Where to Mountain Bike in Grays Harbor County

As you get on your bike saddle and take the first few pedals through the bumpy, forest trails, it is clear that mountain biking around Grays Harbor is unlike anywhere else. Under giant, old growth timber, along salmon-filled rivers, next to the breakers of the mighty Pacific and through river valleys known for their incredible wilderness beauty, the trails for mountain bikers in the Grays Harbor community are iconic, pristine and adventurous.

Grays Harbor is becoming well-known among mountain bikers for its beautiful trails, challenging routes and the uncrowded miles of majestic riding, thanks to groups like Connect Grays Harbor and the Evergreen Mountain Bike Alliance. Mountain biking is gaining popularity around the Olympic Peninsula, with Grays Harbor emerging as one of the leaders. While numerous trails are possible to ride for hours, if not days, at a time, the following five routes provide a fantastic introduction to the stellar riding available around the Southern Olympic Peninsula.

1. Seabrook

Buck Giles and his best riding buddy hit the trails around Seabrook. Photo courtesy: Buck’s Bikes

Along the coast, Seabrook is quickly emerging as a coastal haven for mountain bikers. Two decades ago, just a few locals rode largely unknown trails along the North Beach. Today, miles of riding opportunities have been created and groomed around Seabrook, combining logging roads with single track trails, including overlooks of the Pacific Ocean. The best part of Seabrook isn’t just the gorgeous trails that currently exist, it’s the realization that the region’s trail system is growing and that this stretch of the Pacific is quickly becoming a must-ride destination in Washington State. As eagles soar overhead and the constant sound of waves breaking fills the silent moments of your ride, Seabrook is the ideal place to start your Grays Harbor mountain biking adventures. While there, visit local bike expert Buck Giles at Buck’s Bikes.

2. Lower and Upper West Fork Humptulips

Crisscrossing the Humptulips River, mountain bikers looking for adventure should explore the Humptulips River Trail. Photo credit: Brian Holsclaw

Tucked in the gorgeous Olympic National Forest, near wilderness areas and the Olympic National Park, the West Fork Humptulips offers nearly 17 miles of trails, perfect for some of the most wild and awesome single track rides in the region. Located in a lush valley with towering old growth and seemingly untouched forests, the routes along the “Hump” are for hearty riders and those looking for a challenge. While the trail grades typically stick to less than 10%, there are steep sections, topping out at a 20% incline. Along the trail, which fords the river a handful of times, no bridges are available forcing you to ford the often fast-flowing Humptulips. This trail is beyond epic, but make sure you check the stream levels before you head out.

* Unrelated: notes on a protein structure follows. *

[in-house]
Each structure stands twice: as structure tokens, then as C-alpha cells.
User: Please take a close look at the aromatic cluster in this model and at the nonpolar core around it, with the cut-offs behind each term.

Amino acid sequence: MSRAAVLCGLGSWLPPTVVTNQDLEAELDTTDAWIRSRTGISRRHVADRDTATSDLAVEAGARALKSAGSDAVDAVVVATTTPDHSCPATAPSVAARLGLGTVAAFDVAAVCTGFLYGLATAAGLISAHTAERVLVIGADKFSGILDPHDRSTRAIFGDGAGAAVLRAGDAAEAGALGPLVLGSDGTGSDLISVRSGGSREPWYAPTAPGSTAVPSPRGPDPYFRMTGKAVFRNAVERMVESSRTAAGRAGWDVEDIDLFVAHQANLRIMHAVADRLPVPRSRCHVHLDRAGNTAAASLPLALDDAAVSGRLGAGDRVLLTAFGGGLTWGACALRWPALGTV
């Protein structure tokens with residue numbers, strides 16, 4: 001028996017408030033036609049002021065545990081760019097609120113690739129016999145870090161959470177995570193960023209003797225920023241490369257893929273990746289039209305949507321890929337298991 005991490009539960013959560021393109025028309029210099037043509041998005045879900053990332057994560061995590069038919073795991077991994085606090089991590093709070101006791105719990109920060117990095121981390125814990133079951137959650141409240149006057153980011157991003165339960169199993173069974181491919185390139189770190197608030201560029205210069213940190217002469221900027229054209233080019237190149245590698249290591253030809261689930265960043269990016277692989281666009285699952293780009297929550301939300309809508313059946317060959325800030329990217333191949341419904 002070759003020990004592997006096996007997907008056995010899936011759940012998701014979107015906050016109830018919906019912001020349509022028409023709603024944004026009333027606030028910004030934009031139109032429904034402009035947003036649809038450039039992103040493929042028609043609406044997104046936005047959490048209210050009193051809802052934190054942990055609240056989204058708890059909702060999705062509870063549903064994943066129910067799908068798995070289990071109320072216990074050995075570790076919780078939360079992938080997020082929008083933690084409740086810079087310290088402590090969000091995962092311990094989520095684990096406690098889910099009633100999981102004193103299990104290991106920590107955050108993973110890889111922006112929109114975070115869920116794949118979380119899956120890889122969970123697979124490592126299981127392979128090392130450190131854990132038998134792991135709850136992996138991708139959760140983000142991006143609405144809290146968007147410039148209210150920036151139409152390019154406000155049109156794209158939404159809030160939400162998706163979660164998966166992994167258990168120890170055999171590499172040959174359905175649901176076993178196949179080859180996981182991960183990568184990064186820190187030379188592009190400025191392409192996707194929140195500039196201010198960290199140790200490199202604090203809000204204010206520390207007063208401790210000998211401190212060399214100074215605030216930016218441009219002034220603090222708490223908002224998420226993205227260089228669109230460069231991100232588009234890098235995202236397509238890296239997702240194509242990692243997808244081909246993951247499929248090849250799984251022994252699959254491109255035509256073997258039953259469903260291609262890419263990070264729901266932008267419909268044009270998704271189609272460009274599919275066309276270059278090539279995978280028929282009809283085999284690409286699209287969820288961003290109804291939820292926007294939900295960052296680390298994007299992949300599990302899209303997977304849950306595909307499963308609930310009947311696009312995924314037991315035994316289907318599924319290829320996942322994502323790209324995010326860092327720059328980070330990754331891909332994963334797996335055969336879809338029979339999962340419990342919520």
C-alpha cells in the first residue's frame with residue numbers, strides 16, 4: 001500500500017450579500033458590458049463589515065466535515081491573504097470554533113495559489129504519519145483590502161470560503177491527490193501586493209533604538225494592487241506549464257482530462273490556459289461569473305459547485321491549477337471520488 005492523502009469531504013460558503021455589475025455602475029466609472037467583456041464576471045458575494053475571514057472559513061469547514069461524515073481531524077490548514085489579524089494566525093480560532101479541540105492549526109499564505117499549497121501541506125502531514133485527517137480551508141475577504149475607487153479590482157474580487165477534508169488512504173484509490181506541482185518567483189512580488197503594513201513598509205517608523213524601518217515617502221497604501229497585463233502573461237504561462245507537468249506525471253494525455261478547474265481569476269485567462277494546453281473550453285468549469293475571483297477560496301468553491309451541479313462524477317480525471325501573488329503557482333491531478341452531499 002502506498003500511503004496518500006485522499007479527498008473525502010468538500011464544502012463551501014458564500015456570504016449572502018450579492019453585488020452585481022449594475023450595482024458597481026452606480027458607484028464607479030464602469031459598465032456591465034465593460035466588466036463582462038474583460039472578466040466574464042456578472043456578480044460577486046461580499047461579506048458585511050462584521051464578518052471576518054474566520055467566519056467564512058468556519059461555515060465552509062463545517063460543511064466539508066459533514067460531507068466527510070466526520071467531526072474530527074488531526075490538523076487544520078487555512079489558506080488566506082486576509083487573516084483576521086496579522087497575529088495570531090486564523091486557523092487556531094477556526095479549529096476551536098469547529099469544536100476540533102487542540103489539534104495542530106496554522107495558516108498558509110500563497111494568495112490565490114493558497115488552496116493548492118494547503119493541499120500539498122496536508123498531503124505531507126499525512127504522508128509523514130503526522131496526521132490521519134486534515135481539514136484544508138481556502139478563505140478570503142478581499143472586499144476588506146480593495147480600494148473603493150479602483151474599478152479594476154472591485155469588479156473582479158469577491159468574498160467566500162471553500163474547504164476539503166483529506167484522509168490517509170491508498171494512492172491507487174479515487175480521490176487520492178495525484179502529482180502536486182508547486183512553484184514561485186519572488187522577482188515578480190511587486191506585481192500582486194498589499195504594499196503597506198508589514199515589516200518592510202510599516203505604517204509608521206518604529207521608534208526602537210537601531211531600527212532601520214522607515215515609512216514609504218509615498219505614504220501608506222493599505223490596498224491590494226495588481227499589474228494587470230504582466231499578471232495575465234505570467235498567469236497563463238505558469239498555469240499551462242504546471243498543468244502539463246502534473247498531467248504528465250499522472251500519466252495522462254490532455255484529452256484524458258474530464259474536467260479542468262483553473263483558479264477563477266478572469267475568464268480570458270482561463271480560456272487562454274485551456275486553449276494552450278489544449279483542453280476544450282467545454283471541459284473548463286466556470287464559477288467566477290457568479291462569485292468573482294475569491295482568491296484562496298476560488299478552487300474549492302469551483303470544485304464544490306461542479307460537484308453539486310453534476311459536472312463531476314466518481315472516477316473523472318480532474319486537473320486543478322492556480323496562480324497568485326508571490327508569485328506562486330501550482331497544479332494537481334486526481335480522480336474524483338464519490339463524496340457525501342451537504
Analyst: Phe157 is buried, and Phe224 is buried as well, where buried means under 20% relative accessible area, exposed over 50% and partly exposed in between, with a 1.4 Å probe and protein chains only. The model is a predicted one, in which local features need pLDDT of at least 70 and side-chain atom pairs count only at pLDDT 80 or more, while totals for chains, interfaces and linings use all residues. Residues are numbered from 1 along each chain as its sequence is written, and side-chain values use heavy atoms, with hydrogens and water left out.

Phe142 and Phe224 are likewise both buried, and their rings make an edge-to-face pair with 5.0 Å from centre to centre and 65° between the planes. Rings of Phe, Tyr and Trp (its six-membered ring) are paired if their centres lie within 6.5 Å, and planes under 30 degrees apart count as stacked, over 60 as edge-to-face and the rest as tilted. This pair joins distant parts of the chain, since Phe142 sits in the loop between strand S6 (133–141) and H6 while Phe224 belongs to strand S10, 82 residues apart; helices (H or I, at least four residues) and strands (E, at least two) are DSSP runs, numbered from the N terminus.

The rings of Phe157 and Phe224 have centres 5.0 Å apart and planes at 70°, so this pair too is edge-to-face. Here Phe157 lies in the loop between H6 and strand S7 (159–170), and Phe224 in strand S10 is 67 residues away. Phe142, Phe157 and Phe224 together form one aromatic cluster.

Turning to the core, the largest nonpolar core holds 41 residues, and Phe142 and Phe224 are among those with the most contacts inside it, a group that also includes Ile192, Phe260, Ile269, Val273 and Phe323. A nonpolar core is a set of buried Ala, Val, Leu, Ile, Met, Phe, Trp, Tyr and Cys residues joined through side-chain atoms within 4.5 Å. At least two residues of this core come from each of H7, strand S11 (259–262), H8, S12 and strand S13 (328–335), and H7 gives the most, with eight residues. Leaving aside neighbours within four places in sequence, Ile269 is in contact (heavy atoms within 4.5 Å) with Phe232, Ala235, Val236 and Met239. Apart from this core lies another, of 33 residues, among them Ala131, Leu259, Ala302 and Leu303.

3. Lake Sylvia

Deep in the drenched forests of the Pacific Northwest, miles of nearly untouched mountain bike trails await those looking for adventure. Photo credit: Brian Holsclaw

Close to the town of Montesano, just minutes from Highway 12, eleven miles of dirt roads and single track trails are longing for your tires to grace their presence. Offering 600 feet of elevation gain spread throughout second and third growth forests, there are numerous routes and trails to discover in and around Lake Sylvia State Park, some of which are mapped, others that are not. The most common loop to ride is the five mile Sylvia Ridge Loop, which includes great sections of trail, fun views and some intense downhills that will have you wanting to ride the loop a few times. Even with no route determined ahead of time, the trails around Lake Sylvia make for an amazing day of riding in Grays Harbor.

4. Wynoochee Lake

Even in wet weather the biking trails around Grays Harbor offer breaking views and dramatic vistas. Photo credit: Douglas Scott

Hidden in the southern reaches of the Olympic Peninsula, in a region known for the stories of logging giant trees, Sasquatch and wilderness solitude, 17 miles of single track amazingness are found. Known as the Wynoochee Lake Shore Trail, this local favorite encircles the lake on a trail that can be as rough and wild as the pristine forests in all directions. Much of the trail is nice and smooth, however, with enough ups and downs to get your heart rate up. This trail is for those hoping for an adventure far from the nearest amenities. Starting at the Coho Campground, which can see quite a few day hikers and boaters, the trail empties out quickly after a first few miles, giving you solitude for miles in this remote destination.

5. Capitol Forest

Terrain of all skill levels can be found for mountain bikers in Grays Harbor, including some gnarly jumps. Photo credit: Dave Howland

On the eastern edge of Grays Harbor along Highway 12, the trails of the Capitol Forest are an incredibly popular destination for outdoor recreation. Sharing trails with Thurston County, the Capitol Forest is divided into two sides: one for motorized recreation, the other for non-motorized. The south half is full of trails for hikers, runners, horses and mountain bikers, giving riders an awesome place to enjoy second and third growth forests on well-maintained trails. A favorite route is found east of the tiny town of Porter, known as the Porter-Crestline-Greenline Loop. Offering good elevation gain, a few great views and some pretty rad descents, the trails at the Capitol Forest are quickly becoming a hotspot for human-powered outdoor recreation.

Tune up your bike and hit the trails. As the snows melt away and the wildflowers bloom, it’s the perfect time to explore the beauty of Grays Harbor County on your mountain bike.

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